Photo by Michael O'Connor
It began with a camera and a Christmas tree.
A Kodak Handle instant camera and a family Christmas tree, to be precise.
This was the gift that Brian Trompeter received from his parents on Christmas Day almost four decades ago, when he was just twelve years old. This was the camera – the cool, cutting-edge camera that was probably, back then, the envy of every kid on the block – that launched his journey into journalism. This was the gift that sparked that first flame, ignited that first fuse, and left this passionate pre-teen from Midland, Michigan hopelessly, helplessly hooked.
That very next year, Trompeter bought his own camera -- this time, a 35 mm -- and shortly thereafter, at the tender age of 14, his very first photographs were published in the “Midland Daily News.”
Trompeter’s early career path took a few interesting twists and turns, as most paths do, but throughout it all, his interest in journalism never really waned. (He once backpacked through Europe for four months, worked a brief stint as a U.S. Census Bureau enumerator, and worked in the retail and restaurant industries.)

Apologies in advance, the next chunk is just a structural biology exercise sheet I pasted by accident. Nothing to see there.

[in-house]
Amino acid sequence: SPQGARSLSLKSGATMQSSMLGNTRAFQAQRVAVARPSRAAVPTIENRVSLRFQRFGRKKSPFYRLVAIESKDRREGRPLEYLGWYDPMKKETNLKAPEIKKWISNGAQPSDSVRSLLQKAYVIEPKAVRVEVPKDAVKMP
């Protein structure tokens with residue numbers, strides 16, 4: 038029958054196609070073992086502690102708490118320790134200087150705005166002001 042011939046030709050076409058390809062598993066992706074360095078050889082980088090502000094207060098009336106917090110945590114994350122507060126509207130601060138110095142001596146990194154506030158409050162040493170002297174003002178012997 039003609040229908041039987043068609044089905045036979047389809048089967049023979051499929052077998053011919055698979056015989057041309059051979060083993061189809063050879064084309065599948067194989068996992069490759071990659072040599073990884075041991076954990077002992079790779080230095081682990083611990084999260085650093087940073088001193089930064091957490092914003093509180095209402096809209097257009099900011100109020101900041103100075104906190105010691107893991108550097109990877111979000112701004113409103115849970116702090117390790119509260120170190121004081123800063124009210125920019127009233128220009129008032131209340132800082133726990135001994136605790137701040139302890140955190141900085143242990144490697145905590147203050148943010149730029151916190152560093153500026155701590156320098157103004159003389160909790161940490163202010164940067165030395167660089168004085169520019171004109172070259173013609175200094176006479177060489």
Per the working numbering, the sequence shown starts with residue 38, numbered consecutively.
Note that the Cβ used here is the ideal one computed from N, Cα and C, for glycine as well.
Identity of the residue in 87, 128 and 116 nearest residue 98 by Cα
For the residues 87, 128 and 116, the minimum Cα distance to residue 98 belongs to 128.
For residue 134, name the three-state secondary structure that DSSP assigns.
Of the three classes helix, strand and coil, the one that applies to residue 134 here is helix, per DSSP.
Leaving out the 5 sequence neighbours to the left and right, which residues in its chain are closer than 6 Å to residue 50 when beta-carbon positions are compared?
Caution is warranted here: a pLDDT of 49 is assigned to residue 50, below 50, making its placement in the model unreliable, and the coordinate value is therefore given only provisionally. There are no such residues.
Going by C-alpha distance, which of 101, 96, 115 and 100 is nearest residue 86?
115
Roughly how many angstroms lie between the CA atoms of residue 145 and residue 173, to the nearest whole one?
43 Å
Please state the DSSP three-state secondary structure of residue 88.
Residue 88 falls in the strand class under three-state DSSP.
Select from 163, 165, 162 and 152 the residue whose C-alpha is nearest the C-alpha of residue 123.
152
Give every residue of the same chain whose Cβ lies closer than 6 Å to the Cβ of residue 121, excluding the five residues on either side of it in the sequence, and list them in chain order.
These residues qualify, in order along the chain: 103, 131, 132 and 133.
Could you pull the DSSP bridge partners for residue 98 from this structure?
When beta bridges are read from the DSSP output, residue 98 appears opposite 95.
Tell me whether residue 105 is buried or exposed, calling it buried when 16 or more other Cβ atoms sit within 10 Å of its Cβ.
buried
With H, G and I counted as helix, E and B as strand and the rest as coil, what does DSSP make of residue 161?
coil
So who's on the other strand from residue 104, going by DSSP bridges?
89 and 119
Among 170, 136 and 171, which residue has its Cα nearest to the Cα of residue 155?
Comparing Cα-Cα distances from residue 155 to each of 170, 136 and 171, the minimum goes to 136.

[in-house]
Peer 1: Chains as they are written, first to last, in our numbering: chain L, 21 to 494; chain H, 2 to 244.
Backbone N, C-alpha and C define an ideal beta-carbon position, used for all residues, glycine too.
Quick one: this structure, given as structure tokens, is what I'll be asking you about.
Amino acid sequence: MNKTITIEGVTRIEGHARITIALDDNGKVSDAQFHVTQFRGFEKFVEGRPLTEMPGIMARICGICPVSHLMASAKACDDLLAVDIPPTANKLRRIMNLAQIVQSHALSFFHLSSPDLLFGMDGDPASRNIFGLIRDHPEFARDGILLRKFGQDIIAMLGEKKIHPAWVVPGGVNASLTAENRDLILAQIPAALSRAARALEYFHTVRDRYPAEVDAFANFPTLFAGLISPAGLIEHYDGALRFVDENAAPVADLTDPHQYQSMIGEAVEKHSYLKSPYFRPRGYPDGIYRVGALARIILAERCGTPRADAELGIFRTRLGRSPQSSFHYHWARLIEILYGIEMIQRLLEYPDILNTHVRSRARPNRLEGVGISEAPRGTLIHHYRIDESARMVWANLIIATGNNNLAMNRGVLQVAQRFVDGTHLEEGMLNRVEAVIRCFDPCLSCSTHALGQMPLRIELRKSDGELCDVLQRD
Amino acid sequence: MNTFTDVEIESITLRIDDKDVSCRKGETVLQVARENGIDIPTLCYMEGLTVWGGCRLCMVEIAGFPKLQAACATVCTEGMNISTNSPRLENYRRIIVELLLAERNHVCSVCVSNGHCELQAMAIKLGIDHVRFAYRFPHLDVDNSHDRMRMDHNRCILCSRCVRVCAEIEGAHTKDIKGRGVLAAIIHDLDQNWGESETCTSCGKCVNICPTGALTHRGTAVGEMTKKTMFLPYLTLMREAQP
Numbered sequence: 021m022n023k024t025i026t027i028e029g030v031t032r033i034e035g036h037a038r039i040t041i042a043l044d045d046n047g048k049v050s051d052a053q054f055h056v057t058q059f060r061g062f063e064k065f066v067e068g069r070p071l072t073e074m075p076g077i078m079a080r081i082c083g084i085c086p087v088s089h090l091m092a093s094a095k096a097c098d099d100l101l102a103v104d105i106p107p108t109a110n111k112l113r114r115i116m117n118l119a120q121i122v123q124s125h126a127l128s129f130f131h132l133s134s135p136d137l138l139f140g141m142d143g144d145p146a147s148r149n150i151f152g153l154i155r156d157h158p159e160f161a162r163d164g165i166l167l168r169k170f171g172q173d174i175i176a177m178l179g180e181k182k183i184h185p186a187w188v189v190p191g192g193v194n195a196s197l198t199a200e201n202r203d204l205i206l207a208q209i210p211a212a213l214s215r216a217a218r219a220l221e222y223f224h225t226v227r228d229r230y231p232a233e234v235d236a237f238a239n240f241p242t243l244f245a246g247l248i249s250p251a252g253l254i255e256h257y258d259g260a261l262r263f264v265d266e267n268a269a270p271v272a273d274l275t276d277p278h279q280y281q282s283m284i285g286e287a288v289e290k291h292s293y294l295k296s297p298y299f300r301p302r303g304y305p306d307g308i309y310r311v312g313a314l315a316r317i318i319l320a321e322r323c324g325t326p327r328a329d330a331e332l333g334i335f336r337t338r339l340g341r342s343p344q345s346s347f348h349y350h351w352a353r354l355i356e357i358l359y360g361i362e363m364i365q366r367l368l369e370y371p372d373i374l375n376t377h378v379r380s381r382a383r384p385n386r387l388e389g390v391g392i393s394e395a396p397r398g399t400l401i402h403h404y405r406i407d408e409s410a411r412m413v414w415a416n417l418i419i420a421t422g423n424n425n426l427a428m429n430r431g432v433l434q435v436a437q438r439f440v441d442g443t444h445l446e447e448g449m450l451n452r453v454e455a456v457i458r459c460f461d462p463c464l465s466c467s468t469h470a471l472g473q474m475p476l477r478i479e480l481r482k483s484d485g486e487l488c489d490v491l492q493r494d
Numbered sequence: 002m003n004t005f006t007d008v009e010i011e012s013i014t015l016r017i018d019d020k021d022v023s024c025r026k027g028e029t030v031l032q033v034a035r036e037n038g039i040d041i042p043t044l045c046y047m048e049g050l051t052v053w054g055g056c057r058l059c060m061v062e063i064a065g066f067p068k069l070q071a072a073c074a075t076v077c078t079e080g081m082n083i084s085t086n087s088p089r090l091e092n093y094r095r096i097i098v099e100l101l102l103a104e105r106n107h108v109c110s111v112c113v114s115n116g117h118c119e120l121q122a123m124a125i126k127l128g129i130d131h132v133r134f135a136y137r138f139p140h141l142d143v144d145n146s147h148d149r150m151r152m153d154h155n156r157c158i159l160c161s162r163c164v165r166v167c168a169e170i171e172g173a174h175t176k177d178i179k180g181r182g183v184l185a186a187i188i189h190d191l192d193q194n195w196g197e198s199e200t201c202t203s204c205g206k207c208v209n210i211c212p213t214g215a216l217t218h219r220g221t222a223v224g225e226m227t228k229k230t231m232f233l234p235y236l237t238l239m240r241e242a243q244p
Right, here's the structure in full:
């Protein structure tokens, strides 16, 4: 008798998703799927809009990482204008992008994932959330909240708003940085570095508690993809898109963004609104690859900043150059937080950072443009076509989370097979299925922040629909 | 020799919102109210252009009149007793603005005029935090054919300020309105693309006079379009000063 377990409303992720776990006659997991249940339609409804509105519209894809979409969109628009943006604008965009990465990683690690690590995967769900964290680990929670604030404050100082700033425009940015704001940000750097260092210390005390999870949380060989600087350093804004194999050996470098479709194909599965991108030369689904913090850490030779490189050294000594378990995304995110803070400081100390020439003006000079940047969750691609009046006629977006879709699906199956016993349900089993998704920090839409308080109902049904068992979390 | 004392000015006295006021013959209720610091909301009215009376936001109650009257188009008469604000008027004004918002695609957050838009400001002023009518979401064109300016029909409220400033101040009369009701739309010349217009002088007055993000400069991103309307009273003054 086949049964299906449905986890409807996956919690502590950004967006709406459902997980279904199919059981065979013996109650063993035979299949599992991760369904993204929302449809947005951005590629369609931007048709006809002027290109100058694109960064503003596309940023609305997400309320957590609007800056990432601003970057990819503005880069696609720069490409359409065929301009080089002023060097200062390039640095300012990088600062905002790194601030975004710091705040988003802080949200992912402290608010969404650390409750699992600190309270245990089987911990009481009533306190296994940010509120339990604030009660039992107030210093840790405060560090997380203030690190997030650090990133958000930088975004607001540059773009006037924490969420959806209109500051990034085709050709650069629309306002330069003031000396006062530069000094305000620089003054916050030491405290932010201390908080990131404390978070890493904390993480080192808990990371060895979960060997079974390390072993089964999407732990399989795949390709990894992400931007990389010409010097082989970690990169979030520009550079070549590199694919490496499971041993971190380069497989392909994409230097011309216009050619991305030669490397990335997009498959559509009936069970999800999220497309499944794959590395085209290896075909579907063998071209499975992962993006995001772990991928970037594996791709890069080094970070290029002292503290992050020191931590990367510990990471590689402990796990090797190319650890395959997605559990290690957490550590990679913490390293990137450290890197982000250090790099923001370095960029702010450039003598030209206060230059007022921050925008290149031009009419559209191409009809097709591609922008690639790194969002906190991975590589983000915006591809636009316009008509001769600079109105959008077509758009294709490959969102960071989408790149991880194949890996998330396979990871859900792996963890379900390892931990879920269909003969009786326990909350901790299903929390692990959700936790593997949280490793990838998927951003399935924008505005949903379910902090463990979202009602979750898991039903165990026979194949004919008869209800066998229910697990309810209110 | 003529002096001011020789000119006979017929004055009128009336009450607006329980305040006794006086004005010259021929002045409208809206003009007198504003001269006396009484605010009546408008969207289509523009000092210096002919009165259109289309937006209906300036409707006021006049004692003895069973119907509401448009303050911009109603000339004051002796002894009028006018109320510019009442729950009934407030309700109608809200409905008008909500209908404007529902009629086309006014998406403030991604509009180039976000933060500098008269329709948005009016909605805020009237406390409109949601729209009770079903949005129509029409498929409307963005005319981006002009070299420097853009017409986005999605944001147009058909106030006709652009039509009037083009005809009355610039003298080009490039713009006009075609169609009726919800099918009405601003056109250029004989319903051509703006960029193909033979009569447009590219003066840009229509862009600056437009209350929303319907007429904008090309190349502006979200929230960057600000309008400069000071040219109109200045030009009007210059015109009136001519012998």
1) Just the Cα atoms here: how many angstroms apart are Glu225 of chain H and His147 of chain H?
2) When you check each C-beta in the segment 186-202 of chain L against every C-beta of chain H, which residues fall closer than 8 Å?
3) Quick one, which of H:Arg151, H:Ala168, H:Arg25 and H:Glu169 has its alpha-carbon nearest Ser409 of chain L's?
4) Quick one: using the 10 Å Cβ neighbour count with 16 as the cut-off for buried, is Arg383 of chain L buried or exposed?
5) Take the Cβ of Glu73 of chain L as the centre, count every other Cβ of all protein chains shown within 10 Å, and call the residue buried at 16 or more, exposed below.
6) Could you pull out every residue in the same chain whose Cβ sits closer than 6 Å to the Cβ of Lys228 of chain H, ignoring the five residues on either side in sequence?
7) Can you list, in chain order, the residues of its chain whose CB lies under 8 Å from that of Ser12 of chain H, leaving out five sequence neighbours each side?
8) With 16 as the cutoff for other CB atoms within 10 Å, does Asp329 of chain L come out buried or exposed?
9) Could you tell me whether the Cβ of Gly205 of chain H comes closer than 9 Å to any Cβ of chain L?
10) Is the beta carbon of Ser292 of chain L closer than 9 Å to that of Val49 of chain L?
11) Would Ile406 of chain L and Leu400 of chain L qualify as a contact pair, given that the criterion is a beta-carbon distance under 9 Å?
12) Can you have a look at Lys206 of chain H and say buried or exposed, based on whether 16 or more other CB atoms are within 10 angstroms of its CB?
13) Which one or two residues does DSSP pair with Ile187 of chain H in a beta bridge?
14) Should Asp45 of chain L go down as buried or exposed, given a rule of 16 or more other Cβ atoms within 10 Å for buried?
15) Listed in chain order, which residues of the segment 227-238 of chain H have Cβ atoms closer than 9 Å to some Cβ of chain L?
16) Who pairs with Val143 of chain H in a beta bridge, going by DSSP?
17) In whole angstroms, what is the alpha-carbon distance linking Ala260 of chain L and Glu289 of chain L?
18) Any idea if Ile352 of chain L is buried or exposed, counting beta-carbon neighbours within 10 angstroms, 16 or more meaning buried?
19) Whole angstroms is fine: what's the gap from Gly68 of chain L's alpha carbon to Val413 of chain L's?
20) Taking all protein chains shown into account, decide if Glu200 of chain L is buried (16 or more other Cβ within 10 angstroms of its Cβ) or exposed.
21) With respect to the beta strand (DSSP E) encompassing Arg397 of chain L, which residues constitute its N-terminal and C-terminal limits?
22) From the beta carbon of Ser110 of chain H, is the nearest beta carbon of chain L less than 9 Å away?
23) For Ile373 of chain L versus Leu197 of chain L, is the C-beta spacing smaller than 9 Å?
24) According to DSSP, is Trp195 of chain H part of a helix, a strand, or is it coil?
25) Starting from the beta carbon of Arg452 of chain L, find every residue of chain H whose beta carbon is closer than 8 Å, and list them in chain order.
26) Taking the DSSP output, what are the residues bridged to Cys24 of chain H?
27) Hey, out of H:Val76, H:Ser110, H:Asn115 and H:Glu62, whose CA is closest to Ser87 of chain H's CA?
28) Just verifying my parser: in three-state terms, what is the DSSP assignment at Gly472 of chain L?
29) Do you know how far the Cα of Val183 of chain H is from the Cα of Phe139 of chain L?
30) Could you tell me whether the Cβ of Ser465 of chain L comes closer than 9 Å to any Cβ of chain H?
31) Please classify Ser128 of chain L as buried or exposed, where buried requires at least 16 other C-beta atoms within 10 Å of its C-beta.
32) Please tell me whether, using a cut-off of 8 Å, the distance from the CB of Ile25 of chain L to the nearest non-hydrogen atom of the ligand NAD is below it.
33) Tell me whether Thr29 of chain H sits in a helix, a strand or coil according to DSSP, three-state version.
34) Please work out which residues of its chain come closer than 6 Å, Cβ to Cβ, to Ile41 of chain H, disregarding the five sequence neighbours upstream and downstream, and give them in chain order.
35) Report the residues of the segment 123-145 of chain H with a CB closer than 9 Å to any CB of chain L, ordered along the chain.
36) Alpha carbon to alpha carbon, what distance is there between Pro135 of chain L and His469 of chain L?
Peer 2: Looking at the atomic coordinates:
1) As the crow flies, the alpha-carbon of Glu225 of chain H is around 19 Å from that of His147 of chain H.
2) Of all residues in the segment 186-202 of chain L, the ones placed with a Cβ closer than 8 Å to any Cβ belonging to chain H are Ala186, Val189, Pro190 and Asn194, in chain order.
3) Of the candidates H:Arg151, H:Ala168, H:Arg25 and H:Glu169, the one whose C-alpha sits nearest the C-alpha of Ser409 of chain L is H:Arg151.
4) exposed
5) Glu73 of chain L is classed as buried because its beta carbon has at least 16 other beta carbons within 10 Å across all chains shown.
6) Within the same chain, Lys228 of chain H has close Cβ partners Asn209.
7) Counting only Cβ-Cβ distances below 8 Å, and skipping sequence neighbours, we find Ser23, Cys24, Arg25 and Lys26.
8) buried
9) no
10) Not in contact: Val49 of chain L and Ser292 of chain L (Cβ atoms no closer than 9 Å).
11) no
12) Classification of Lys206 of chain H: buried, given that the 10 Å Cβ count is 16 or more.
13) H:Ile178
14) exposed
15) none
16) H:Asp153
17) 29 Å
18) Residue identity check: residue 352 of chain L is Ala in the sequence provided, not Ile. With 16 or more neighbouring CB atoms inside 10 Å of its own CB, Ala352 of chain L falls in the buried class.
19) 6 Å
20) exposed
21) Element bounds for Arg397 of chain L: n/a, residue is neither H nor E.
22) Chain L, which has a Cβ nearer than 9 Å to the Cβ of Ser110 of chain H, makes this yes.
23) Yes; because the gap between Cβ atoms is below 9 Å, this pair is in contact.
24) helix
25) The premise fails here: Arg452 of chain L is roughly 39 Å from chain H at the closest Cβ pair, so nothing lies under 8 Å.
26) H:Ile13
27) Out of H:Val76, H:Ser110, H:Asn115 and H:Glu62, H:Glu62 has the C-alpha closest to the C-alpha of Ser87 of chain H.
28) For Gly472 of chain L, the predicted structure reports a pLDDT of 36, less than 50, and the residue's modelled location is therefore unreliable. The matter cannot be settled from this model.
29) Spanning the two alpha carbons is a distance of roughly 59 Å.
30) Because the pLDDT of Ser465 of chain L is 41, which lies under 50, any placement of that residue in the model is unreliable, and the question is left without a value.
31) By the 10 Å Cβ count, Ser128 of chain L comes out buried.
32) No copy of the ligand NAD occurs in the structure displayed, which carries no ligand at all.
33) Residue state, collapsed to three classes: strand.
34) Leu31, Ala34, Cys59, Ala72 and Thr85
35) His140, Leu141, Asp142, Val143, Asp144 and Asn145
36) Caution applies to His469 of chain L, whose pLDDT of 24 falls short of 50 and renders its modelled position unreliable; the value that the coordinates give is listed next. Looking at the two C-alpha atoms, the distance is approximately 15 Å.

In 1995, Trompeter was hired by The Connection Newspapers to cover the areas of Vienna and Oakton, where he worked as a writer and editor for five years. From there, he was hired by the Sun-Gazette Newspapers, to cover McLean, Vienna, Oakton, Great Falls and Tysons Corner -- all fast-growing, highly-diverse geographic areas that provide good, solid material for good, solid journalists such as Trompeter.
This is why the Great Falls Writer’s Group (GFWG) has invited Trompeter to speak on Thursday, March 24 at the Great Falls Library (11 a.m.), where he will spend time reflecting on his own career in journalism, on the changing face of journalism itself, as an industry, and on the dynamic, fast-changing world of photojournalism as well.
His four-year-old nephew Michael shot the photo that appears in this article.